...Hill says that, in many ways, he represents the second generation of free software activists. He suggests that the first generation of activists, such as Richard Stallman, were motivated by their dream of a free operating system. People of Hill's generation share that goal, but view it differently, because they have grown up with free operating systems. As a result, Hill says, "The things that interest me are not flexing the technical muscle, although that's important. It's more defending freedom, helping to make the tough calls about how the FSF protects freedom. We've succeeded to a massive degree -- not entirely, but hugely -- and I think it's important to start thinking about how we're going to move from here."

He also talked about the shift in  the potential audience for the free software message.

"It used to be that software freedom was something most important to hackers, because they were the ones who were most impacted." But now, with the majority of people in industrialized worlds using computers or computerized devices throughout their day, the audience has grown vastly larger, and so has what is at stake.

While Mako's background is in civil rights, he was fundamental in the formation of Ubuntu, currently serving on the community council as well as being the first author of "The Official Ubuntu Book" which he co-authored.  And speaking of books he was also first author of the "Debian GNU/Linux 3.x Bible" which he also co-authored and is a key member of the Debian community.  In fact, it was at Debconf7 last month that I briefly met him.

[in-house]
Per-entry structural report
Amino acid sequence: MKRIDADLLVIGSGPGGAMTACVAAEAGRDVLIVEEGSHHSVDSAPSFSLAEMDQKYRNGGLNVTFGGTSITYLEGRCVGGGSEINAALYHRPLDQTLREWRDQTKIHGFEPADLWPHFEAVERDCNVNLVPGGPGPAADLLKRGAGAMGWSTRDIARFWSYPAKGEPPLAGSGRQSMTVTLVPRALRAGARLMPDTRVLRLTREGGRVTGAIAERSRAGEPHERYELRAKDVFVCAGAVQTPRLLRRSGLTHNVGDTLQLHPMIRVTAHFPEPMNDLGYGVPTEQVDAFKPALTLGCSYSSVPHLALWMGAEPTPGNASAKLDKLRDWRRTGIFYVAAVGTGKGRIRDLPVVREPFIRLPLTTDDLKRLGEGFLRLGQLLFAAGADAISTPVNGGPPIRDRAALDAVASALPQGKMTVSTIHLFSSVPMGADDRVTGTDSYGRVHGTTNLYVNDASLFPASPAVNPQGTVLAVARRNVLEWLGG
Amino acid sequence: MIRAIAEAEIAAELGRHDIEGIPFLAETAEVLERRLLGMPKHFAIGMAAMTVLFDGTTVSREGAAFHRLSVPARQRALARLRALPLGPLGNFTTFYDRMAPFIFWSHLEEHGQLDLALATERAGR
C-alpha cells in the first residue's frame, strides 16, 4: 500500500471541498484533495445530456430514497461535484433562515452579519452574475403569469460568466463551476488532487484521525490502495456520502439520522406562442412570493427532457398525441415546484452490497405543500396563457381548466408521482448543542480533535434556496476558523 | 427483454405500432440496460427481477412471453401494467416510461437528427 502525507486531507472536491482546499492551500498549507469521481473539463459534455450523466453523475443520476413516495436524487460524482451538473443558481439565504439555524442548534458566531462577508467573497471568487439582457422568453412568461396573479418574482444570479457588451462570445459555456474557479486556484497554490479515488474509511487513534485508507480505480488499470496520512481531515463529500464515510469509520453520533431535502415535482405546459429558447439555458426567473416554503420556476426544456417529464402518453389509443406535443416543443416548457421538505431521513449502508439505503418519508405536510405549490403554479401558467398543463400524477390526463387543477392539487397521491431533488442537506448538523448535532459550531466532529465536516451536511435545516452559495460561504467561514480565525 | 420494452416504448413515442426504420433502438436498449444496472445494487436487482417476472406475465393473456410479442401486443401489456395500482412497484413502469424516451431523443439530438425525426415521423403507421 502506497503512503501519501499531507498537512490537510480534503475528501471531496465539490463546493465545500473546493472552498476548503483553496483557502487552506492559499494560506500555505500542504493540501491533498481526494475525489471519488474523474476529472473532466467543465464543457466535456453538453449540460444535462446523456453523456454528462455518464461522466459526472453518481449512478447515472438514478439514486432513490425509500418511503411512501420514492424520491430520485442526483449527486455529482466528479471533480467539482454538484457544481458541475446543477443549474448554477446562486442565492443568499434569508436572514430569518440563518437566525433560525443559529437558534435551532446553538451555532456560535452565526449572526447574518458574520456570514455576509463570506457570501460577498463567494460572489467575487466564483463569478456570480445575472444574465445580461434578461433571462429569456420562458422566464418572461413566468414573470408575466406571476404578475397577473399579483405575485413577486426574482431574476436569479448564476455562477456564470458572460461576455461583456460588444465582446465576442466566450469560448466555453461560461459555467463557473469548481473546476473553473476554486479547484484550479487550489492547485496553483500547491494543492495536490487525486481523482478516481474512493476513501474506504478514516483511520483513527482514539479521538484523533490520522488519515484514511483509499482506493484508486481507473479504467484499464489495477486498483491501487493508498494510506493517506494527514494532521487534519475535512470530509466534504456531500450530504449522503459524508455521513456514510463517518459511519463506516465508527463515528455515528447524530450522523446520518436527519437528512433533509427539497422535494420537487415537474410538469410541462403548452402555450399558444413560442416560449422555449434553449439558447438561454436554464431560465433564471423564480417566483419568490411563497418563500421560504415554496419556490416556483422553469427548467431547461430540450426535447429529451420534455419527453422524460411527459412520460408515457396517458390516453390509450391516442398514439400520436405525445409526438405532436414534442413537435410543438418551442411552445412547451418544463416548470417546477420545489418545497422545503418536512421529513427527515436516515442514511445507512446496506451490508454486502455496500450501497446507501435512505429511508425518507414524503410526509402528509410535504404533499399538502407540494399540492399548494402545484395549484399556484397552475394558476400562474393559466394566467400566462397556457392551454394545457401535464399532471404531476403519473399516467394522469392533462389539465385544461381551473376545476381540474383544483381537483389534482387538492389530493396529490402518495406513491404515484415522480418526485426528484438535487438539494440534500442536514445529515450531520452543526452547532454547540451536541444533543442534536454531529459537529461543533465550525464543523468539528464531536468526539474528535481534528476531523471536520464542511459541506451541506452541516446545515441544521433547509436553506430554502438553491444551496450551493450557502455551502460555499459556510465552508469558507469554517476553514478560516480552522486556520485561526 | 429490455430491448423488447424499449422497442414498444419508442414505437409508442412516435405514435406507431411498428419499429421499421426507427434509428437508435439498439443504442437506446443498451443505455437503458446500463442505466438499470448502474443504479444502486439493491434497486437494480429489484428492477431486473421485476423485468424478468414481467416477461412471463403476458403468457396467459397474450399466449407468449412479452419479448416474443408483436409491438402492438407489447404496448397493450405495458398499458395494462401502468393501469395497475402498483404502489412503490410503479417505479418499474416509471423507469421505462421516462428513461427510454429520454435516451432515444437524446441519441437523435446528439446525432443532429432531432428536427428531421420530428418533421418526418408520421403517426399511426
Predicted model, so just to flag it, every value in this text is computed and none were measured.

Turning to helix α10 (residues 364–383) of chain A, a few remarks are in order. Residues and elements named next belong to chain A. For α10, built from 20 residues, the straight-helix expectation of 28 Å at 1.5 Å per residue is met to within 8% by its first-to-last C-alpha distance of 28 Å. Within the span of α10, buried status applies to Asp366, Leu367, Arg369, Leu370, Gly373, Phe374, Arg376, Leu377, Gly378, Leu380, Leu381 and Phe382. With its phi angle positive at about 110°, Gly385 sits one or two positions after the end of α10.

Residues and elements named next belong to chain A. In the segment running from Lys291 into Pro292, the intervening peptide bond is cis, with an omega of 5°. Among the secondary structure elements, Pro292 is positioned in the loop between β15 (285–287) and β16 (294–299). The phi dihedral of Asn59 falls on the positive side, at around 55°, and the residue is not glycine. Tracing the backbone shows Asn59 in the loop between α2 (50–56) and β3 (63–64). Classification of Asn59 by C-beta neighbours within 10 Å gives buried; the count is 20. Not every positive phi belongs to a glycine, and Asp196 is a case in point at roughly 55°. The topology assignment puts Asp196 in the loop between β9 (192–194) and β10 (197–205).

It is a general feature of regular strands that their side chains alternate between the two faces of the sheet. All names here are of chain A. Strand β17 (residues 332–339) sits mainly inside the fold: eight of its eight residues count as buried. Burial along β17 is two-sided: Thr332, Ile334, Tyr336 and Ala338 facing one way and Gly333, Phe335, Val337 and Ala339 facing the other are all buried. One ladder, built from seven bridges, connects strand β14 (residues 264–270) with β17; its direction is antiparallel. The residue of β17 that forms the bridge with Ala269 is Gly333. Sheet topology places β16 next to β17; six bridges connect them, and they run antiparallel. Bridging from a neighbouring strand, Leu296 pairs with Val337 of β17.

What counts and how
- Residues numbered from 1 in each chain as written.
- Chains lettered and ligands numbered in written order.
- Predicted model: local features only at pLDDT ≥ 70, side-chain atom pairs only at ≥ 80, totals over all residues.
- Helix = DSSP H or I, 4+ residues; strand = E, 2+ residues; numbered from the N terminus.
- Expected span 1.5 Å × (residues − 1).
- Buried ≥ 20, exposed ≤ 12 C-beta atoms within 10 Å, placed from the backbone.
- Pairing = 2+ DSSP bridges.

So a big congratulations to Benjamin Mako Hill,  I hope I get the chance to work with you soon.

Pau for now... 


Friday Jun 29, 2007

GPLv3: Alive and Kicking!

Today at 12:00 noon (EDT), Richard Stallman and the Free Software Foundation unleashed the GNU Public License version 3 to the world.  This license, the first update to the GPL since version two was released over 15 years ago, represents 18 months of work and the  input of a multitude of individuals and organizations.  

The Process

Input came from four committees or constituents: Committee A: Industry Luminaries, B: Hight Tech companies (which Sun was a part of), C: Public/Private users and D: the general public.  This input would then be reviewed by Richard Stallman, a revision was drafted and a new version was released to the committees for review.  This loop was repeated three times with a little extra tweaking at the end.

Visualize Whirled Peas

The transparency of this process was visually rendered on the web by overlaying color to the verbiage in the actual contract.  Yellow represented areas that received relatively few comments and on the other end of the spectrum, red showed those areas where most people were adding input.  This was further detailed with roll-over annotations that provided the actual comments.


Comments on draft 2

Adoption